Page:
overwhelmed!

pinch_meDecember 26, 2009

Last year I said I'd have a wood stove back up before the next winter. Well, I procrastinated and didn't do it. I spent Christmas Eve and Christmas day reading by lamp light and "cooking" on an upside down tin can over a candle. I'm trying to make sense of all the information I'm reading here and feel like I'm drowning. Can someone give me a list of small stoves to research? I would only need to warm one room and it would be nice to be able to boil water or warm a can of soup on it. Our longest power outage has been a week so it isn't something I use all the time.

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christopherh

Avalon and Regency come to mind first as I have had both brands and found no problems with either of them. I currently have the Regency F1100 which is their smallest model. We have it in the living room to supply heat to that end of the house. And here in Vermont it does the job just fine. Even when it goes to minus 30 in January.

Total cost start to finish including chimney and installation was just over $2500. And I saved that much in oil alone in two years. So it's already paid for itself.

And when power goes out we too can heat food on it. Plus the fire viewing provides us light at night.

Oh, and my Regency is guaranteed for life. If the tubes need replacement...free.

    Bookmark   December 27, 2009 at 8:09AM
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pinch_me

Thank you. Those two names give me something to look at. I wish they didn't require so much space. I'll almost have to put it in a less ideal location....but if it heats a larger than one room area it might be better in the long run.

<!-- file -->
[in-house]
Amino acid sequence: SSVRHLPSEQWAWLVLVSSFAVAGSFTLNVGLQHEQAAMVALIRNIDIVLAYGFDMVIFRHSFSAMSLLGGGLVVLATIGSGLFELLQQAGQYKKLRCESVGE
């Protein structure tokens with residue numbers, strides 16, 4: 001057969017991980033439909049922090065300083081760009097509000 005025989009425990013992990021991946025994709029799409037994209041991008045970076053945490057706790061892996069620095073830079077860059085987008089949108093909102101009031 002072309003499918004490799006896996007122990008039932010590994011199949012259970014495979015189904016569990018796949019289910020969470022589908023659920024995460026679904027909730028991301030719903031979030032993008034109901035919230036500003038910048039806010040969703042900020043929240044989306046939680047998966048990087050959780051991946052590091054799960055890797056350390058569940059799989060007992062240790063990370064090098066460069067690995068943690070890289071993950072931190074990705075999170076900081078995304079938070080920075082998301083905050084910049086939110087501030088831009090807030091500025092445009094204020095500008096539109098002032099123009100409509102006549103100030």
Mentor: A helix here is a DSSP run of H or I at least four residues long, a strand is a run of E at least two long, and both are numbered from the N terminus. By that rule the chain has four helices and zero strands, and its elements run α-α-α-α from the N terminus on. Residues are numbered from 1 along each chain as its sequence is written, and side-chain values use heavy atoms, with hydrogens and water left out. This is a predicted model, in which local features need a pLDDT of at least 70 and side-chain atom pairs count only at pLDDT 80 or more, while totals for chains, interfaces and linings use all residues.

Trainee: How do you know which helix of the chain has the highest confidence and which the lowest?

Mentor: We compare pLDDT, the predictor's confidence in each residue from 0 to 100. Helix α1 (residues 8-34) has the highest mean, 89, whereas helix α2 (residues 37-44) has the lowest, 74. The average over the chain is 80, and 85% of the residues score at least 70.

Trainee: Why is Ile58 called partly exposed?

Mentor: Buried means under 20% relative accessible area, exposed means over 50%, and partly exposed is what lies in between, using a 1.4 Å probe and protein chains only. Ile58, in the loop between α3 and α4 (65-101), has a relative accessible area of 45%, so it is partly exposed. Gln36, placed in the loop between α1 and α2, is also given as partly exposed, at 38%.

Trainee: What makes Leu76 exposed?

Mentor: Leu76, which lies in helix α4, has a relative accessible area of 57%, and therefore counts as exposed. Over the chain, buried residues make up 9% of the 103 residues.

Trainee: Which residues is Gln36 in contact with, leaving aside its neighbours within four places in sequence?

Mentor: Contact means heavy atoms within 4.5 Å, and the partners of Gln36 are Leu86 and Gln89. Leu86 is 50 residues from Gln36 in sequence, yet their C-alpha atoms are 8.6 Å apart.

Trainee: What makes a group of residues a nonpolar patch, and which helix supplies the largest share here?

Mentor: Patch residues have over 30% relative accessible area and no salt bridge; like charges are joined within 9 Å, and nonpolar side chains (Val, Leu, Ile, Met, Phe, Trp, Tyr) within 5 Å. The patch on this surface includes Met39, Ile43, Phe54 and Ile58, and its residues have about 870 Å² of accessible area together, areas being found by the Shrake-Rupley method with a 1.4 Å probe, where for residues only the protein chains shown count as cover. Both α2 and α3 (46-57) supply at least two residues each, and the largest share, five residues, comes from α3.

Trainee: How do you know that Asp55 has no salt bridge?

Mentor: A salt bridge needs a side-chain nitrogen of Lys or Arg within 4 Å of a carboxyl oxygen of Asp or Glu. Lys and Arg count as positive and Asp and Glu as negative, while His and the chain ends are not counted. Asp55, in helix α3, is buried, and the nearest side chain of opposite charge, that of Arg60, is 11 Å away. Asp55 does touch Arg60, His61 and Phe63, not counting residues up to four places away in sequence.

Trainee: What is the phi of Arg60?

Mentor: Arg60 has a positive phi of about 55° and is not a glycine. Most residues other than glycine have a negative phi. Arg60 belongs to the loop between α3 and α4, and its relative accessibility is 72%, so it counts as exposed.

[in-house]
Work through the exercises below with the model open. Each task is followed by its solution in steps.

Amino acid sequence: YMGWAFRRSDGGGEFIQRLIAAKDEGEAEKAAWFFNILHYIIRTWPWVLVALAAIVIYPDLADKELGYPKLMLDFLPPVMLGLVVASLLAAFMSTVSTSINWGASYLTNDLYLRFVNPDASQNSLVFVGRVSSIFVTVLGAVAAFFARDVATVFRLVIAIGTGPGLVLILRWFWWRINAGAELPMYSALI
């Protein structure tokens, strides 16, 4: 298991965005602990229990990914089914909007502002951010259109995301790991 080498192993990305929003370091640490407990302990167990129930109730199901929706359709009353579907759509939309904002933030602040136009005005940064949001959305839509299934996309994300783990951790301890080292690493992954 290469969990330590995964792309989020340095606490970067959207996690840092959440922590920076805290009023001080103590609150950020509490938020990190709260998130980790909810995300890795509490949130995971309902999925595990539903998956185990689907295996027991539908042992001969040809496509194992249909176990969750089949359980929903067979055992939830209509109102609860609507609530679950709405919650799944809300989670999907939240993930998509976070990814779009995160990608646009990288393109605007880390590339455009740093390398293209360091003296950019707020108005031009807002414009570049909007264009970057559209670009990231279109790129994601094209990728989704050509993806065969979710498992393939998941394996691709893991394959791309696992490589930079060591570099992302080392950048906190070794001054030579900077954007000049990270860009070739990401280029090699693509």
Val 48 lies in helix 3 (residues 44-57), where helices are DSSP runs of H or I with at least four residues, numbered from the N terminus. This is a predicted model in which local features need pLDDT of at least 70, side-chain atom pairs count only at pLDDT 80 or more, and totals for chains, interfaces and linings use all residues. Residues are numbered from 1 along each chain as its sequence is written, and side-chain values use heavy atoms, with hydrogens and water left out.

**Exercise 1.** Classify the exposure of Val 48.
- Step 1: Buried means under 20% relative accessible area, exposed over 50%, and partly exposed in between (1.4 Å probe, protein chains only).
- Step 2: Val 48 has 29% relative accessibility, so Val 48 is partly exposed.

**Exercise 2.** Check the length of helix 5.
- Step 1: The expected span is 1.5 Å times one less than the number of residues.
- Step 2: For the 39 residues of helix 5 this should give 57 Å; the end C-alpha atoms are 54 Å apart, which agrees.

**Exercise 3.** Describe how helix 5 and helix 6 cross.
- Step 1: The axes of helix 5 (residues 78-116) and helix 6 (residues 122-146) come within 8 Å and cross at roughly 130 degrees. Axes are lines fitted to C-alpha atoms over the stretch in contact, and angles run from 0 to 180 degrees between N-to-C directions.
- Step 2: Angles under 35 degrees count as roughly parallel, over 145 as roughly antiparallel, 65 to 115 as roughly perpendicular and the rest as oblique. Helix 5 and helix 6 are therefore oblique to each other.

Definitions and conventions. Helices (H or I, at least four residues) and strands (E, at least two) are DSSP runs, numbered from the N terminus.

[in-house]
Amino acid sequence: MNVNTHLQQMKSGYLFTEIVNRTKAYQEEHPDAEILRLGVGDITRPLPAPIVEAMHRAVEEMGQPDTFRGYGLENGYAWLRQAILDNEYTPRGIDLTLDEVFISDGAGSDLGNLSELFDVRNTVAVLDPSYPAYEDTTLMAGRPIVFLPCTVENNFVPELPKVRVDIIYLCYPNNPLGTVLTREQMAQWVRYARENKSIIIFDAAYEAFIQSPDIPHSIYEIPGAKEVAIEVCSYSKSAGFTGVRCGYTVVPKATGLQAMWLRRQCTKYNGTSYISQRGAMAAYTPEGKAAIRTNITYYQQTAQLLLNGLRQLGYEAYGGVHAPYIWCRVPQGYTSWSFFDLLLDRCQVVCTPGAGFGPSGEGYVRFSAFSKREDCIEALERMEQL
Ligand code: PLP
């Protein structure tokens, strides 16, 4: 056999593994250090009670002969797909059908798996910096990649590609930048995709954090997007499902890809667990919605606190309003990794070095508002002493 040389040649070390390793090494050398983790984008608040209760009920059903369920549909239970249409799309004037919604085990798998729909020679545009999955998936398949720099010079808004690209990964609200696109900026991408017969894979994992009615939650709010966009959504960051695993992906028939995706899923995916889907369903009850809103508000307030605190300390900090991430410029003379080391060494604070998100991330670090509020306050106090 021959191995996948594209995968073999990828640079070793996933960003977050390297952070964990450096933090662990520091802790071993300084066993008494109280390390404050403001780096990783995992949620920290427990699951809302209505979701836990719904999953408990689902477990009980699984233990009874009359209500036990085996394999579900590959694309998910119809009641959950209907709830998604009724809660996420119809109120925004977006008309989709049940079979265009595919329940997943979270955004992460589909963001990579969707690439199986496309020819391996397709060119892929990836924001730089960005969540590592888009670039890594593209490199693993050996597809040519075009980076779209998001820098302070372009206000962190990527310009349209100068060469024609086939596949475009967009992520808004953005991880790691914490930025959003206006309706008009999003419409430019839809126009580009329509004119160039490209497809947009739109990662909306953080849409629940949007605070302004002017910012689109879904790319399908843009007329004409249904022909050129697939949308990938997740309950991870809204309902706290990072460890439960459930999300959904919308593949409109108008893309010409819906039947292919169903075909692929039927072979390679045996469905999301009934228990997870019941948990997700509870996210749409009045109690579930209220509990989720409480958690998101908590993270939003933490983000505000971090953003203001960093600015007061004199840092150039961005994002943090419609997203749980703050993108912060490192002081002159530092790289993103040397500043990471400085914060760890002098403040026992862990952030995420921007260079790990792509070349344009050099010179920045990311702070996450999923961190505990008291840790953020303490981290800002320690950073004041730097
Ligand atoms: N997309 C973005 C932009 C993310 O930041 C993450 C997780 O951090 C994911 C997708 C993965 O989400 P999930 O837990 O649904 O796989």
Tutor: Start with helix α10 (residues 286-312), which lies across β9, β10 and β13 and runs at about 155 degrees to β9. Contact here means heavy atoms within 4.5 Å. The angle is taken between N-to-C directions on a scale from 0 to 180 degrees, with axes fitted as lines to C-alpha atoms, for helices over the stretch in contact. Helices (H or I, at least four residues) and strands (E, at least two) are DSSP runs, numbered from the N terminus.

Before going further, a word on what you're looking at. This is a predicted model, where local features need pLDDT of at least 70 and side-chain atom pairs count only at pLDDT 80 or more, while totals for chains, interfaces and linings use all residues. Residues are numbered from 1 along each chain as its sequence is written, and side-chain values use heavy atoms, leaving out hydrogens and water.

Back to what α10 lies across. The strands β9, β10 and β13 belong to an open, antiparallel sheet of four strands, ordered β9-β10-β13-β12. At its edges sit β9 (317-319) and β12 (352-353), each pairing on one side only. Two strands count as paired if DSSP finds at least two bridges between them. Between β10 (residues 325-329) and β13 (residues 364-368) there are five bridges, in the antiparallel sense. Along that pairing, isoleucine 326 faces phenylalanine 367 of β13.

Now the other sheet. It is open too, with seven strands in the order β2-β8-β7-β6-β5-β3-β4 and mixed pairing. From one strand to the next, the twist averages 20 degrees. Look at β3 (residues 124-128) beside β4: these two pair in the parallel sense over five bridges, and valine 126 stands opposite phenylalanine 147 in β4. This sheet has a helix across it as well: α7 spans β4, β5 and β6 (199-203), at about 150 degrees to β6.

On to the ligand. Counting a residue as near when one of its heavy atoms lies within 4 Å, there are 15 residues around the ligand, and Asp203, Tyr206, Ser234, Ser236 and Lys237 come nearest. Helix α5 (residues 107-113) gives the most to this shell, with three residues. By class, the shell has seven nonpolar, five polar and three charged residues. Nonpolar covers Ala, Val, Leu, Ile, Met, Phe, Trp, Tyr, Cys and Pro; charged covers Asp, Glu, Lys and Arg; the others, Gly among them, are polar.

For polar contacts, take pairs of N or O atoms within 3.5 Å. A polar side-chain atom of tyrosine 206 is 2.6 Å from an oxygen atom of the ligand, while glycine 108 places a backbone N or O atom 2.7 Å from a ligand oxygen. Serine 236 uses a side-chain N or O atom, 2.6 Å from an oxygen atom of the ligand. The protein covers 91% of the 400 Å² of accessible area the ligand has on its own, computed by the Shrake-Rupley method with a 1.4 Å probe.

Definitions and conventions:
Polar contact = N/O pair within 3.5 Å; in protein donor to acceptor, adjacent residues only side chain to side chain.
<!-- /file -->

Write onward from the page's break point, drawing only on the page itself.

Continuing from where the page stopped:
Bookmark   December 27, 2009 at 8:29AM
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mainegrower

Almost all wood stove manufacturers have at least one small stove in their product line. Any stove is going to have to be a certain distance - 2 feet is common - away from any flammable surface and a non-flammable hearth will have to be large enough to provide 16 or 18 inches extending out from any door that opens. State and local codes can be even more restrictive. Various types of heat shields can reduce the clearance requirements.

The trouble with very small stoves is that they need small pieces of wood, don't hold heat very well and require a lot of tending. If you go to www.hearth.com, you'll find a world of information about wood stoves. Brands which currently have great reputations and make small stoves include Jotul, Pacific Energy, Quadrafire, Englander, and several others.

    Bookmark   December 28, 2009 at 6:12AM
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pinch_me

Thanks. I've had time to look around more and got some responses on another thread. I still have too many options but might be narrowing it down to propane. Still a long way to go before I can decide.

    Bookmark   December 28, 2009 at 6:34AM
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christopherh

My stove is in a corner of the room. With the heat shields in place the corners of the stove are 6 inches from the combustable wall. And I like the fire viewing because today, that fire is a LOT more entertaining than what's on TV!! You damp the fire down and get a nice, lazy flame, and relaxation sets in.

Today the weatherman is calling for "chance of accumulation" and that means anywhere from one to eight inches of snow. The stove is going 24/7 and right now it's very comfortable in here. My wife put some mulling spices on the stove and the house smells great.

    Bookmark   December 28, 2009 at 8:11AM
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pinch_me

Which stove do you have and where did you get it?

My neighbor says if I get a little stove and don't use it all the time all winter he has enough wood for both of us. And he'll take my half dead tree down.

Our forecast was for flurries. I'm thankful my plow man came just before I got home so getting in the drive and into the garage went smoothly.

    Bookmark   December 28, 2009 at 8:58PM
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